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UP Elections: Fertiliser Shortage, ‘Hollow’ Promise on MSP Likely to Erode BJP’s Support Base

Farmers in many districts of the state have alleged that they are forced to buy DAP and fertilisers at higher rates from the black market due to an "artificial" shortage in the government-run stores.

Representational use only.Image Courtesy: The Financial Express

Mathura, Agra, Farrukhabad, Etah, Etawah, Kannuaj (Uttar Pradesh): Even as the Centre continue to claim that there is no shortage of fertilisers and record procurement of food grains at minimum support price (MSP), the ongoing crippling crisis of DAP (di-ammonium Phosphate), NKP (Nitrogen, Phosphorus and Potassium) and urea, and "empty" promises regarding the MSP are posing a threat of an erosion of support base of the ruling Bharatiya Janata Party (BJP) government in the agrarian belts of the state.

Farmers standing in long queues at Kisan Seva Kendra (government-run fertiliser centres), waiting for their turn to get fertilisers on producing Adhaar cards, are a common sight in almost entire Uttar Pradesh. Visit any village in the hinterland of the state, the peasants, while describing their plight, will mention the issues of fertiliser crisis and no procurement on MSP for sure, claiming that they had to wait for hours and even days for a sack of DAP and urea, which is extremely essential for their ongoing Rabi crops (wheat, mustard, potatoes, pink lentil (masoor dal), etc.

They will complain that they are getting the fertilisers at elevated prices in the black market. According to them, the DAP, which should cost them Rs 1,250/bag, is being sold at Rs 1,500 a bag. The NKP, which costs Rs 1,800/bag, is being sold at Rs 2,000. And the urea is available at Rs 330/bag against its controlled price of Rs 270/bag.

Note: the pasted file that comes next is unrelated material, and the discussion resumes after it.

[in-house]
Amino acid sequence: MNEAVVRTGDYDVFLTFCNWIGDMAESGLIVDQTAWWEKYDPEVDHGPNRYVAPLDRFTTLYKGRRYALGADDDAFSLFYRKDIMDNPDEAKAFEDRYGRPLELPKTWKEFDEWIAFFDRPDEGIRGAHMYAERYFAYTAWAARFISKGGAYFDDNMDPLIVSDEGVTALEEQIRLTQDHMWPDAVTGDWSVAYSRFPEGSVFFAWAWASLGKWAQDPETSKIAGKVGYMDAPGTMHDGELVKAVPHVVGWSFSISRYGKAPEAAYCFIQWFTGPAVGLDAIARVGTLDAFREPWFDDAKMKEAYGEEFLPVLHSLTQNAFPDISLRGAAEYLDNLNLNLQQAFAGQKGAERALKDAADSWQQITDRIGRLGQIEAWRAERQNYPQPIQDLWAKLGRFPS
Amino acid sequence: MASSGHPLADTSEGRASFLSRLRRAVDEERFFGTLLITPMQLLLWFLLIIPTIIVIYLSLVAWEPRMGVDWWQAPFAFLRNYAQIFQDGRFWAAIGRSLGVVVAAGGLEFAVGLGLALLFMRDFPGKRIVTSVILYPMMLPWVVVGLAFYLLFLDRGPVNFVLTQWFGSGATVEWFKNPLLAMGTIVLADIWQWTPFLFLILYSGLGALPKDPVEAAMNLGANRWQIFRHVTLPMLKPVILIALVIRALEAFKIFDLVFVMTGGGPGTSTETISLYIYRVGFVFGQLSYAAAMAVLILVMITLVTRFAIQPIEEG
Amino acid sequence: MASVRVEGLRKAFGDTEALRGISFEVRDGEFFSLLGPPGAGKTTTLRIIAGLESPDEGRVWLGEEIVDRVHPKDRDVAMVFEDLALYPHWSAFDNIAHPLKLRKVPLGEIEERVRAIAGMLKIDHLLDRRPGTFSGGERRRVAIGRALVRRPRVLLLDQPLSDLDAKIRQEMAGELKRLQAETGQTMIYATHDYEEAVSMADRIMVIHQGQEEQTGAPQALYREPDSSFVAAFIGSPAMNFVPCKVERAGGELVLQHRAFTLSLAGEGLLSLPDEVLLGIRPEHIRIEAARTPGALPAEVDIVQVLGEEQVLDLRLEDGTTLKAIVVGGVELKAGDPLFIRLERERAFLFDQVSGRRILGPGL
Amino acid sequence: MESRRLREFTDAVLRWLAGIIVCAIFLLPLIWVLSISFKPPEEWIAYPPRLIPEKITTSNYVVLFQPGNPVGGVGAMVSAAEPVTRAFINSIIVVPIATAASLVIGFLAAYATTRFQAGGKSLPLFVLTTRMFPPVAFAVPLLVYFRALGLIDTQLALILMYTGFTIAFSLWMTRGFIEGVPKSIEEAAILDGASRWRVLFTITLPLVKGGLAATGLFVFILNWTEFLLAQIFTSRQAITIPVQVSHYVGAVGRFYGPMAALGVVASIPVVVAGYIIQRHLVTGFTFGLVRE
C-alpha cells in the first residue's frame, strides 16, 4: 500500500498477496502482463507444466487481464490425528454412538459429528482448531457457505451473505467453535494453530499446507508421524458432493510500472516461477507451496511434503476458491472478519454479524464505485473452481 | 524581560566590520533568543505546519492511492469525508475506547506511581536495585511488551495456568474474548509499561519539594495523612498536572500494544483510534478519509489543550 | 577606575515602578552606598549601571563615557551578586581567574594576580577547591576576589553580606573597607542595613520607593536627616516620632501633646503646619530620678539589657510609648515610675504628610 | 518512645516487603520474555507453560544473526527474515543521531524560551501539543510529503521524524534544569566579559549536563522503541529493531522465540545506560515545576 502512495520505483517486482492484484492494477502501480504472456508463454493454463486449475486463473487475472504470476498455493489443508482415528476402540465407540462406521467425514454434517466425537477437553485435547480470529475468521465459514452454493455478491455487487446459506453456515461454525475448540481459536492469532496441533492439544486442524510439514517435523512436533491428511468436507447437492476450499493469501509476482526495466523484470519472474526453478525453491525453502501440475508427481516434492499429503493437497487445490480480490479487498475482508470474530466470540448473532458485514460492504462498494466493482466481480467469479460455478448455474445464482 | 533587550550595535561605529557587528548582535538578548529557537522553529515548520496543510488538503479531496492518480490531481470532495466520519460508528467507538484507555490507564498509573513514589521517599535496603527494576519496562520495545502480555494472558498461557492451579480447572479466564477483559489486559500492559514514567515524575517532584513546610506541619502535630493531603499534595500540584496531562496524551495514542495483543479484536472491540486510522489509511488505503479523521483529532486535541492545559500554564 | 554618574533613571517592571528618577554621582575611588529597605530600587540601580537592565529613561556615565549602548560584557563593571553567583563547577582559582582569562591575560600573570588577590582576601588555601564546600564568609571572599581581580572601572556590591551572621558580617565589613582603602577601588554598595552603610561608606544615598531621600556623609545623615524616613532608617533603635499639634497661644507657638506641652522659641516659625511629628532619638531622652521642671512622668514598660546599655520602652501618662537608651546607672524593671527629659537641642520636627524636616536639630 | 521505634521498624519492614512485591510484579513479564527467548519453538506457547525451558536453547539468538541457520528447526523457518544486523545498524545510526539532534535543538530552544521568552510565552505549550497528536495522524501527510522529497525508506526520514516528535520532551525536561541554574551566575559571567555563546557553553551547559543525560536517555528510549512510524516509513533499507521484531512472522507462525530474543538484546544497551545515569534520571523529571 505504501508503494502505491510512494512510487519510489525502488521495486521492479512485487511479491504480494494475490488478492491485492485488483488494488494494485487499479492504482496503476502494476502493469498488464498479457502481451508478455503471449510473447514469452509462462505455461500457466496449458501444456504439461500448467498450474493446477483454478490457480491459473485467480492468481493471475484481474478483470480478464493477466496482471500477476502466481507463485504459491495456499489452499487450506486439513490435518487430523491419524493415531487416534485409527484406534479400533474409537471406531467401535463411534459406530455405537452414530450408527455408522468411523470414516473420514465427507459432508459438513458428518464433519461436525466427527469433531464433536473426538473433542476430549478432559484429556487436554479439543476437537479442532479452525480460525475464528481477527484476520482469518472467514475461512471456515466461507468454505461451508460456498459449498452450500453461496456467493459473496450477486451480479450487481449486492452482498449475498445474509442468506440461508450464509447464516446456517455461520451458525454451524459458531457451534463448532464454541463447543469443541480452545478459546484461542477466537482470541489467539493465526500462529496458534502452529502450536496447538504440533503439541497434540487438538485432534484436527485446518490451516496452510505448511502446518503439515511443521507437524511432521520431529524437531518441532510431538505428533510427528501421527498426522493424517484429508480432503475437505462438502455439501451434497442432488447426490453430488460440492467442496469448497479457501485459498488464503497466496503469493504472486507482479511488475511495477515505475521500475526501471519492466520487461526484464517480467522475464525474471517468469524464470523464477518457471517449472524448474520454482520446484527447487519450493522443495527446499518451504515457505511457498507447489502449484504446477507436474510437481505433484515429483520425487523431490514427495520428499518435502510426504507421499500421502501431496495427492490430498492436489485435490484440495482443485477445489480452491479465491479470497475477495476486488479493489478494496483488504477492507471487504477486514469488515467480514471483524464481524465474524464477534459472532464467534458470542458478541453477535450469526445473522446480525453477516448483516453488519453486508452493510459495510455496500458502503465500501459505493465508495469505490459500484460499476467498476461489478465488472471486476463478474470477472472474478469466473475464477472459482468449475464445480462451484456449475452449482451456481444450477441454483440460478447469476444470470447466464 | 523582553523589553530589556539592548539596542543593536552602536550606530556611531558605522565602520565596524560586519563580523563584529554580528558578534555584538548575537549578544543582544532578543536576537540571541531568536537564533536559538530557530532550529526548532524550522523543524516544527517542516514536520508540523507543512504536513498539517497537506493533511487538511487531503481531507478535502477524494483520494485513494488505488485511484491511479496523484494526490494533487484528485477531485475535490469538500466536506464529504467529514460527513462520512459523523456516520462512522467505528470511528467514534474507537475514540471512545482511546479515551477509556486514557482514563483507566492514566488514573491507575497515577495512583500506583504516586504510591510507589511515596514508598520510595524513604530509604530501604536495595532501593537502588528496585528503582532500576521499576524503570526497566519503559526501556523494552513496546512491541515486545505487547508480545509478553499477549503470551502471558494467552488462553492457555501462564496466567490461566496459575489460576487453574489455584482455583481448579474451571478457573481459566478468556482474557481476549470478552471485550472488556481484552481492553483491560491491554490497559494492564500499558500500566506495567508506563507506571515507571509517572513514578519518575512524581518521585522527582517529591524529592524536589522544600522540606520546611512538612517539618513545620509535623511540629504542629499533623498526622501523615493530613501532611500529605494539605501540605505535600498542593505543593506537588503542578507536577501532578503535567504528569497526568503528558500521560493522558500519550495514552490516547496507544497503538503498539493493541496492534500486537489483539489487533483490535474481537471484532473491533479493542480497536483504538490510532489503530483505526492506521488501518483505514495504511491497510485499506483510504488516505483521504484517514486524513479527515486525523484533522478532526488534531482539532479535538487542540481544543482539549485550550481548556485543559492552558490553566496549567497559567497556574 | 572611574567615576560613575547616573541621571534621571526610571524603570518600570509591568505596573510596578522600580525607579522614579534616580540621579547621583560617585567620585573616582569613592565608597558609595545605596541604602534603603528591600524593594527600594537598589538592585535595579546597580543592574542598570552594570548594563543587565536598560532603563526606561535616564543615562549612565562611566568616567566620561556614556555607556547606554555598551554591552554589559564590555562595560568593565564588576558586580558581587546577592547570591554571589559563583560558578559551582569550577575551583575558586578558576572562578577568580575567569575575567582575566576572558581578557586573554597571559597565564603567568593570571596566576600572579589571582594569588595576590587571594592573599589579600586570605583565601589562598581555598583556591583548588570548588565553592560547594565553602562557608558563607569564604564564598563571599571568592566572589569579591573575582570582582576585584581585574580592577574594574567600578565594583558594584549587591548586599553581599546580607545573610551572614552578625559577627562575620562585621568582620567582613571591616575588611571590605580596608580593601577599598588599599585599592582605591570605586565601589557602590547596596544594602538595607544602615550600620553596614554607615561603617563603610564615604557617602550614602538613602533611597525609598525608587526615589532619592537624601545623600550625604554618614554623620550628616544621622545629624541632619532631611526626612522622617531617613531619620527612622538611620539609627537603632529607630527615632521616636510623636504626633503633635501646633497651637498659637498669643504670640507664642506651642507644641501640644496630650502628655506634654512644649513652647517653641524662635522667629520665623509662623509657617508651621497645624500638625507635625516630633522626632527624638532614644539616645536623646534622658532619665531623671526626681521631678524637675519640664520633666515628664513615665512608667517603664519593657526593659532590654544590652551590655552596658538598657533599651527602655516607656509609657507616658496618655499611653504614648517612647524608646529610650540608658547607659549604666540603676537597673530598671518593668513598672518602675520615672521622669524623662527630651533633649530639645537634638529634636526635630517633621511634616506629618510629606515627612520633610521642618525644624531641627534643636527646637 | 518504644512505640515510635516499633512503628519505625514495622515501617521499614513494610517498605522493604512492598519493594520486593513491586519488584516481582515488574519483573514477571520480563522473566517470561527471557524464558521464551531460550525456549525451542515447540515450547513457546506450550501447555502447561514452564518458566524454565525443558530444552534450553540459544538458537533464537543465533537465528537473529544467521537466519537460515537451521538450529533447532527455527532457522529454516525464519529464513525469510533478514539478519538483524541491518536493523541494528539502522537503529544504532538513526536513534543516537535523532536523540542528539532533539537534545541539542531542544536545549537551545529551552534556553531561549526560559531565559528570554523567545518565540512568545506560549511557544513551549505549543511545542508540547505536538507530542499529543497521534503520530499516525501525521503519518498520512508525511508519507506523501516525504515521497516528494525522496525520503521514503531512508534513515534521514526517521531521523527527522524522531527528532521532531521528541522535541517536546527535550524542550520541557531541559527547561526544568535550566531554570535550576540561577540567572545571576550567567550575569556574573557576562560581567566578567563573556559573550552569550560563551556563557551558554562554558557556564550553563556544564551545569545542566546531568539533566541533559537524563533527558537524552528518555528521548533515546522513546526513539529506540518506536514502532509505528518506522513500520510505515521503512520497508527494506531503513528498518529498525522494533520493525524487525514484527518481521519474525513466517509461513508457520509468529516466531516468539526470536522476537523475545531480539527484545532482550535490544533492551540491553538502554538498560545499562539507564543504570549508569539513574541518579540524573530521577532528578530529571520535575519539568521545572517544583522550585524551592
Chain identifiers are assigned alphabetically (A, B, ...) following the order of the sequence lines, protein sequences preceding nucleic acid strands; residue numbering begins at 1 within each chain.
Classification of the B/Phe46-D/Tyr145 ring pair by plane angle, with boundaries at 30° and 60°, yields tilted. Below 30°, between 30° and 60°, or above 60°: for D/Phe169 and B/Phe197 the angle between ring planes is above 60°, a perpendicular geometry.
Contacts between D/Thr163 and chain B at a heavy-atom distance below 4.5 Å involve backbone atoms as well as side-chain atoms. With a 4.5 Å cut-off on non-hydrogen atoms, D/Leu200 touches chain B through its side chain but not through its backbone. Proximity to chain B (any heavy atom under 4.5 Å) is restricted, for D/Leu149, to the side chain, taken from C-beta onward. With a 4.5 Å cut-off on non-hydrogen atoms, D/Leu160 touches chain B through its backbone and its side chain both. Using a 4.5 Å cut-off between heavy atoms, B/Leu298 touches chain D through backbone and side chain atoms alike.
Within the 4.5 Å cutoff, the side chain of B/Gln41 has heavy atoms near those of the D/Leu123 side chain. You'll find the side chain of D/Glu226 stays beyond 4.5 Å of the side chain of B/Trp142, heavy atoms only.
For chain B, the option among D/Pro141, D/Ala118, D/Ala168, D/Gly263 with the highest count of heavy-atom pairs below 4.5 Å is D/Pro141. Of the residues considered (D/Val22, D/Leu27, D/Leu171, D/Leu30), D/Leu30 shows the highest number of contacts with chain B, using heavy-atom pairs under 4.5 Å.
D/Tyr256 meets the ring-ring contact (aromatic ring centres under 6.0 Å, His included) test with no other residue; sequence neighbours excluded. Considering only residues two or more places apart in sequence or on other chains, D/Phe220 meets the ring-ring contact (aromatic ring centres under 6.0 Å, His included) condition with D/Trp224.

Rajendra Singh owns three bighas (around 1.85 acres) of land at Rajkot village in western Uttar Pradesh's Etah district. He stood at his nearest fertiliser centre for two days in a long queue to purchase DAP and urea at the onset of the Rabi crop season but had to return empty-handed. After failing to get the fertilisers, he had to tilt his wallet more to buy the DAP at Rs 1,500 against the government price of Rs 1,250/bag and urea at Rs 330 instead of Rs 270.

"Because of the acute shortage of the fertilisers, I sowed wheat late by two months. The shortage appears to be artificial as the government-run fertiliser centres run short of the fertilisers supply, while they are available in the open market in plenty," he told NewsClick.

The cultivation of the rabi crops needs DAP and NPK fertilisers. Especially, the DAP is most vital for preparing the lands for sowing.

Himmat Singh Katheria, a 40-year-old farmer, said he finally managed to procure the DAP after five days of standing in queues after travelling kilometres to another village.

DAP aur urea ke liye line men lagne parte hain, phir bhi khad nahin milti. Paanch dinon baad mujhe khaad mil paya, woh bhi dusre centre ja kar (Despite standing in queues, we don't get DAP and urea. I managed to get the fertilisers after five days and that too at a different centre away from the nearest one)," said the resident of Akbarpur Aunchha in Mainpuri district's Kuraoli block.